Friday 29 April 2016
At the end of last month I was lucky enough to win a networking competition, and received a £40 Amazon voucher. One of the things I treated myself to was a copy of the recently-published book Why Fonts Matter by Sarah Hyndman.
This is an excellent book looking at some of the powerful ways in which fonts can influence us and affect our perception of the world around us. It’s written in everyday vocabulary, and related to a wide range of practical everyday situations, but is backed up by research from a broad range of psychologists and neuroscientists as well as Hyndman’s own Type Tasting workshops.
Central to the book is the idea that fonts can add an additional layer of meaning to your message beyond what the words themselves actually say. We are all familiar with the idea that tone of voice, facial expressions, body language, and the way we dress communicate a lot of information about us when we meet someone. Hyndman likens this to fonts stating:
Fonts convey non-verbal information in a similar way to clothes. Your choice of font tells the world how serious you are, and it clues the reader in to your emotions or your intentions before they have started to read. Just like noticing when somebody is dressed inappropriately or their words do not match their body language – if you use a mismatching font you may find your credibility is called into question.
And she gives a wonderful example of how this can mismatch can become the unintended focus of your message. When CERN made the historic announcement that they had discovered the Higgs boson in 2012 social media lit up. But it wasn’t because the scientific community had finally found this mysterious particle. No. It was because the announcement had been made in Comic Sans! The choice of font was mismatched with the message, and the Twittersphere took note – overshadowing the intended message in the process.*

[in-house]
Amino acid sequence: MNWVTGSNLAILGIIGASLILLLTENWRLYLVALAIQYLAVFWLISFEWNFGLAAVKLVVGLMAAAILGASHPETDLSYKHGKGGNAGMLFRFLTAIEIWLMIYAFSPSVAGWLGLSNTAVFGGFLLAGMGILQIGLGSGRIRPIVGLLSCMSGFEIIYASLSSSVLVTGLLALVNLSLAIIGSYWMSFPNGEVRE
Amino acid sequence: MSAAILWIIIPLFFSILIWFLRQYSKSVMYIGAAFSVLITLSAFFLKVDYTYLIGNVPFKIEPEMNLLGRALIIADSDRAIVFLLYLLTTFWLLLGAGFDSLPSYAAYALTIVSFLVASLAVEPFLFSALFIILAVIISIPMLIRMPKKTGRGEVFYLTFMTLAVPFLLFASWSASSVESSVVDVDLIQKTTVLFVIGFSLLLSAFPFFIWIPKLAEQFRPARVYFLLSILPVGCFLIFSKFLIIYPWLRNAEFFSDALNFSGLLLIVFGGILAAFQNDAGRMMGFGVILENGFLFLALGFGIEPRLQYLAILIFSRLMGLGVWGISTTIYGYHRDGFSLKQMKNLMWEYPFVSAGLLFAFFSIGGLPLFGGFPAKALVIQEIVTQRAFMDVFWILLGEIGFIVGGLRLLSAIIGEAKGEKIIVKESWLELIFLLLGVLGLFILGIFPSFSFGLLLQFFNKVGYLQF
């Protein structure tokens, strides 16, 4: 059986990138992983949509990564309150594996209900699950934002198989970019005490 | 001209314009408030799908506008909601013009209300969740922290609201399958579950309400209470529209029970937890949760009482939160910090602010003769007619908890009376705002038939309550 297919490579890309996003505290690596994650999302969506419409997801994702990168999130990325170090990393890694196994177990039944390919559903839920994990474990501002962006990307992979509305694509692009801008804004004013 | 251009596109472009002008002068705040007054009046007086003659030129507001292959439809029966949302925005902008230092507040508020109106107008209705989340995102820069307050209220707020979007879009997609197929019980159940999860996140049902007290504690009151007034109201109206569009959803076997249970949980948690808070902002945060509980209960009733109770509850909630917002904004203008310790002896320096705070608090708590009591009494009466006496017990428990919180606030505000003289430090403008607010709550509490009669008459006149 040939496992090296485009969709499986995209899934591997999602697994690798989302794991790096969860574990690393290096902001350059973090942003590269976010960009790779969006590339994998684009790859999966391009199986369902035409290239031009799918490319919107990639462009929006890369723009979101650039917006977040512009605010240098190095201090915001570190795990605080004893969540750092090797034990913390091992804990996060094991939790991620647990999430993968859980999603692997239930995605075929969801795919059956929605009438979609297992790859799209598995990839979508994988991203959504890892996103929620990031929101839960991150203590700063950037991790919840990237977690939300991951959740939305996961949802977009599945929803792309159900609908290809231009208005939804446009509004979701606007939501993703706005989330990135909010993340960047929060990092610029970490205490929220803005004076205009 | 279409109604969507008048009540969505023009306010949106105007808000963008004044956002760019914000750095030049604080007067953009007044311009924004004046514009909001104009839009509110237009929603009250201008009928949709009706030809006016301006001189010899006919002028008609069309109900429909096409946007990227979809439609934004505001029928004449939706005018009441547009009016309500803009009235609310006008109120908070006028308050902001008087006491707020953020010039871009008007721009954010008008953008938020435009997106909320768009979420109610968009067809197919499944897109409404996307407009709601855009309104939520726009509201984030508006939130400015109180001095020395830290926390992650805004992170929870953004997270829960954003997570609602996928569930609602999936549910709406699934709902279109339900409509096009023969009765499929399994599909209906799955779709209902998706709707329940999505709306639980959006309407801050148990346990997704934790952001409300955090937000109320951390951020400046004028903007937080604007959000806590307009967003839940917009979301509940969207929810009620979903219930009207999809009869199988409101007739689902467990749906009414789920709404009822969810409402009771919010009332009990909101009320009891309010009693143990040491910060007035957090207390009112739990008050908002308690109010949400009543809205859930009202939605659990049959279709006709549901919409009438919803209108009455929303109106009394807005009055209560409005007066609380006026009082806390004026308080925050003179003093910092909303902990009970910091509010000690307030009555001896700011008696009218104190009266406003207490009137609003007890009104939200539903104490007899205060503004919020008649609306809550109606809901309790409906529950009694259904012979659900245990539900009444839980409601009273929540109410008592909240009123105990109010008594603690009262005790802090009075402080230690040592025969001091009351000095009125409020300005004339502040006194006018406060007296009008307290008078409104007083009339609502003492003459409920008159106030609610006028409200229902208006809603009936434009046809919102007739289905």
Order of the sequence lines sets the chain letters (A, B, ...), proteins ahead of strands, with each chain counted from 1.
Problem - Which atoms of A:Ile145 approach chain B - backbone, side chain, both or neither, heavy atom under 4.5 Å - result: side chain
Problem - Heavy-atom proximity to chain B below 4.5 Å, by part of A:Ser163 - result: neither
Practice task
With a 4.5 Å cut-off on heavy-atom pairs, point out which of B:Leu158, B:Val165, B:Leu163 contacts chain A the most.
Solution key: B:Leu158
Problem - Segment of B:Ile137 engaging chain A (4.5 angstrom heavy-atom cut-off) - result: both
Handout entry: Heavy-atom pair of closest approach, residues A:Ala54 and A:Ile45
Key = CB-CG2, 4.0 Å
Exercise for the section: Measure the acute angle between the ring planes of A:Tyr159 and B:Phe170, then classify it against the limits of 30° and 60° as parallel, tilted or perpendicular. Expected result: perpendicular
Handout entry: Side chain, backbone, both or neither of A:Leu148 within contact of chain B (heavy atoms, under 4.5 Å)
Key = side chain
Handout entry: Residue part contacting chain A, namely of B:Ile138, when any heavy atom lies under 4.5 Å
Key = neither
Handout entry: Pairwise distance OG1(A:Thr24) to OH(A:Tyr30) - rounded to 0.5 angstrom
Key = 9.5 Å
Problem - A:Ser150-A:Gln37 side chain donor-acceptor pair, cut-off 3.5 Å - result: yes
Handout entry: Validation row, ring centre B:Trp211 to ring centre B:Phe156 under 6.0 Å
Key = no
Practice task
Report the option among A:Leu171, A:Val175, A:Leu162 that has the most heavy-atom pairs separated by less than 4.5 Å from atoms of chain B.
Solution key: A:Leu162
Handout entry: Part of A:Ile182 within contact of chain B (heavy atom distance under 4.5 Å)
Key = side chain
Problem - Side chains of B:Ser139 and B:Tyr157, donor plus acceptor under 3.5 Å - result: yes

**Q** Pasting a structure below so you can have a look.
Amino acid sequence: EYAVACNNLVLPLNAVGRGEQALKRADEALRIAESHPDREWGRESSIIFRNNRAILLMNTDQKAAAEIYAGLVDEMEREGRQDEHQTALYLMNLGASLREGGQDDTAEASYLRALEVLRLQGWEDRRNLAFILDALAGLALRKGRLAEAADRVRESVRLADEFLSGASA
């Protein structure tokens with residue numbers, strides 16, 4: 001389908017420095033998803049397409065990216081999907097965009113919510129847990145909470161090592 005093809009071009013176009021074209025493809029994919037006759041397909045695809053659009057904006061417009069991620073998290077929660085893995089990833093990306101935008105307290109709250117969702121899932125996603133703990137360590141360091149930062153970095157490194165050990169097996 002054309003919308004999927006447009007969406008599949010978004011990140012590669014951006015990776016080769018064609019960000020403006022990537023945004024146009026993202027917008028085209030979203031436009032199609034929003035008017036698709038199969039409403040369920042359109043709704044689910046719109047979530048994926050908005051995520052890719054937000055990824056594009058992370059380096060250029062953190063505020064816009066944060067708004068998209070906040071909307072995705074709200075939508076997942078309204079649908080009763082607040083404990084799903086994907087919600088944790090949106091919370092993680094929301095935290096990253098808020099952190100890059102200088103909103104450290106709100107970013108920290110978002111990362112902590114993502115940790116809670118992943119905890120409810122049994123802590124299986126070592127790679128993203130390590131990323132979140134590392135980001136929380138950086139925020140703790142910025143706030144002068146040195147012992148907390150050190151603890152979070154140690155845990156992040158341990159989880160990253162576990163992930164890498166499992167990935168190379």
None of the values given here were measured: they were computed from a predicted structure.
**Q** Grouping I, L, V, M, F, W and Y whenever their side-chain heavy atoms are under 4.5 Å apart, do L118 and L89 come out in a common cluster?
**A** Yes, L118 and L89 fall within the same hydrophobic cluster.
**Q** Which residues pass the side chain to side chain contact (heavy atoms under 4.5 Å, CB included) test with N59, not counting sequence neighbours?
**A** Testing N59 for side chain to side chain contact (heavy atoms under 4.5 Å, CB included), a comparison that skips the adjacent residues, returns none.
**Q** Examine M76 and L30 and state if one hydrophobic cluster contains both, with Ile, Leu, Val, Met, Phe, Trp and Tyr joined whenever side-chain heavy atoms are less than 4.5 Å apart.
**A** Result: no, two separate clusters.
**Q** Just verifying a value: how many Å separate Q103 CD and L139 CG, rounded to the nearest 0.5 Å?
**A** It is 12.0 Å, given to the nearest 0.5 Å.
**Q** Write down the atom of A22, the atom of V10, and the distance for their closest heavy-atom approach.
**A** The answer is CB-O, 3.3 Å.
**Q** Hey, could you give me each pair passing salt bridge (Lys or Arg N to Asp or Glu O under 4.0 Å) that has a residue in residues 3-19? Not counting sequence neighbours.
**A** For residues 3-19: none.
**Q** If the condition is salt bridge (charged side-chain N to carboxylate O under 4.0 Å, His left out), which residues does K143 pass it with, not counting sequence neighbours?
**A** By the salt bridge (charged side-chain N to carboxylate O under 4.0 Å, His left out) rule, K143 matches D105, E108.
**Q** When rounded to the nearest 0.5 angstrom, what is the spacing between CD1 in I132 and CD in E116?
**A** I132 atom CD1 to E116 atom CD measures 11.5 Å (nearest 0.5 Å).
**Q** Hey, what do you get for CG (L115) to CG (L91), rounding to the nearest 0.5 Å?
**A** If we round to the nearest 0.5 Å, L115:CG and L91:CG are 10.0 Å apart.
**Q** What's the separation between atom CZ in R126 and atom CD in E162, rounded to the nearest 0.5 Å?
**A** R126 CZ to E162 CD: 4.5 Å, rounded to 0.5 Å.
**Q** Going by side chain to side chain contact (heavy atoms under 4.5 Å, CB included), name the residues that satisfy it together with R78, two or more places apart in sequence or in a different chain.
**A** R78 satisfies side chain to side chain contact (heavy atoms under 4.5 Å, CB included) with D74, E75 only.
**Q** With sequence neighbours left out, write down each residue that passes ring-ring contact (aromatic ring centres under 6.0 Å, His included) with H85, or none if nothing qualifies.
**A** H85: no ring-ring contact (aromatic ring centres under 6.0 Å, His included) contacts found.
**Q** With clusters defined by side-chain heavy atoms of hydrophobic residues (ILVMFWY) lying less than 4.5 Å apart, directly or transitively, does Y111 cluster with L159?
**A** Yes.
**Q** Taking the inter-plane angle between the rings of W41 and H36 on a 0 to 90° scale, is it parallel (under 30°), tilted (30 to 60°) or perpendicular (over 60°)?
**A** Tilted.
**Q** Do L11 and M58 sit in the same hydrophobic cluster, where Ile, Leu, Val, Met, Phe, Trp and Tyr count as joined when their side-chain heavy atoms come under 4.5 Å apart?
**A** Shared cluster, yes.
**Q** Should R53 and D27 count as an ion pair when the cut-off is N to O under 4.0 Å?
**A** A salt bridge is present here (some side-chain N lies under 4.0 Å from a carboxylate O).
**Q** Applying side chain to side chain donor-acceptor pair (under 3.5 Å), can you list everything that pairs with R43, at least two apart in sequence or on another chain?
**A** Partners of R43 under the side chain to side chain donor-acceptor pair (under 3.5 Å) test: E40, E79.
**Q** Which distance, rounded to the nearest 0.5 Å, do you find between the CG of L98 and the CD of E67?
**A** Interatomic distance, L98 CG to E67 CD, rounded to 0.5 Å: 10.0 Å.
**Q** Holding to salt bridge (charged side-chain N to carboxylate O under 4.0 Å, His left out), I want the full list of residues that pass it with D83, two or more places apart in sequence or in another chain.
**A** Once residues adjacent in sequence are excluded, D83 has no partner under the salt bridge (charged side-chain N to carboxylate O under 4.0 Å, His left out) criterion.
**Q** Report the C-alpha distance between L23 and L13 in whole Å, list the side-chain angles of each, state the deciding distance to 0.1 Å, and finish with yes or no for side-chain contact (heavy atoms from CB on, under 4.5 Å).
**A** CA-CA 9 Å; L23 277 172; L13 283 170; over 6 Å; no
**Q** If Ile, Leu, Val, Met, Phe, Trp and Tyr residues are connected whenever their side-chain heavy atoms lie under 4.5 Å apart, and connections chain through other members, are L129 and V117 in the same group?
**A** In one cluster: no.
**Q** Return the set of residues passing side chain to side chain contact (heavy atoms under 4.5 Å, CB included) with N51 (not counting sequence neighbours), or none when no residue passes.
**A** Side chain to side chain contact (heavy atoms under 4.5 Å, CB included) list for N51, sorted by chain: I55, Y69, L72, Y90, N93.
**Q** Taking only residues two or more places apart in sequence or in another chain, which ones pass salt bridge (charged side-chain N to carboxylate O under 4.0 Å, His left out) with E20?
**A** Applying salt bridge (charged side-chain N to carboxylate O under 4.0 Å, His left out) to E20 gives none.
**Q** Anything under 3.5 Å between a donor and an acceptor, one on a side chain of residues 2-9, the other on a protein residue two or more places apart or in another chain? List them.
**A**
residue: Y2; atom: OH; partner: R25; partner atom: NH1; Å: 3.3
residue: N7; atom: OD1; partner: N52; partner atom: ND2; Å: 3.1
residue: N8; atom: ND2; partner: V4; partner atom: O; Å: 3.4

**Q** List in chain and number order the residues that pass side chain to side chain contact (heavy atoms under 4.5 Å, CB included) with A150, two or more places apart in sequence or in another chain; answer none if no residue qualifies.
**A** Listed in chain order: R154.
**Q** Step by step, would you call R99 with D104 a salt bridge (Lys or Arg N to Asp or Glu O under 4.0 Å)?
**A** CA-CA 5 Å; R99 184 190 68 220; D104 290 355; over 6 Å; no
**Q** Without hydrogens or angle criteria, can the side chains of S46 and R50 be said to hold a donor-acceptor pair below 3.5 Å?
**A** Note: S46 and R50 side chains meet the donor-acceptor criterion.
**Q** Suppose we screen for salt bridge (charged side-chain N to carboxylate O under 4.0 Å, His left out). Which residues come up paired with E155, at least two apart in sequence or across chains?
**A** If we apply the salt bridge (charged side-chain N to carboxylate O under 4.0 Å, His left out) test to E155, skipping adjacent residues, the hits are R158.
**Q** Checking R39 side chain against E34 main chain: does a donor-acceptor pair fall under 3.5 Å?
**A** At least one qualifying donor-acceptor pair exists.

Your choice of font can impact on the overall message you communicate in many ways. Hyndman demonstrates that, incredibly, the font you choose for your product’s packaging can actually change your consumer’s experience of its taste. Hyndman leaves us with a question:
Could we add sugar, salt and fat to food via the packaging, like a placebo, and reduce the amounts in the actual food, but do this so that our perception of what the food actually tastes like is unaltered?
Research on this is underway!
Some of the research Hyndman calls upon shows us how your choice of font can earn a customer’s trust, make them more likely to purchase your product, make your message more believable, emphasise the skill required to make your product, or make an action look easy to complete. It’s very easy to see how this knowledge could be applied to marketing a product or service.
The accessible way that this book is written makes it easy and enjoyable to read. So if you are interested in how a simple change in typeface might improve the effectiveness of your marketing materials then this book is definitely worth a look.
* By 1 April 2014 CERN had recovered sufficiently to publish this excellent April Fool’s gag on the topic.
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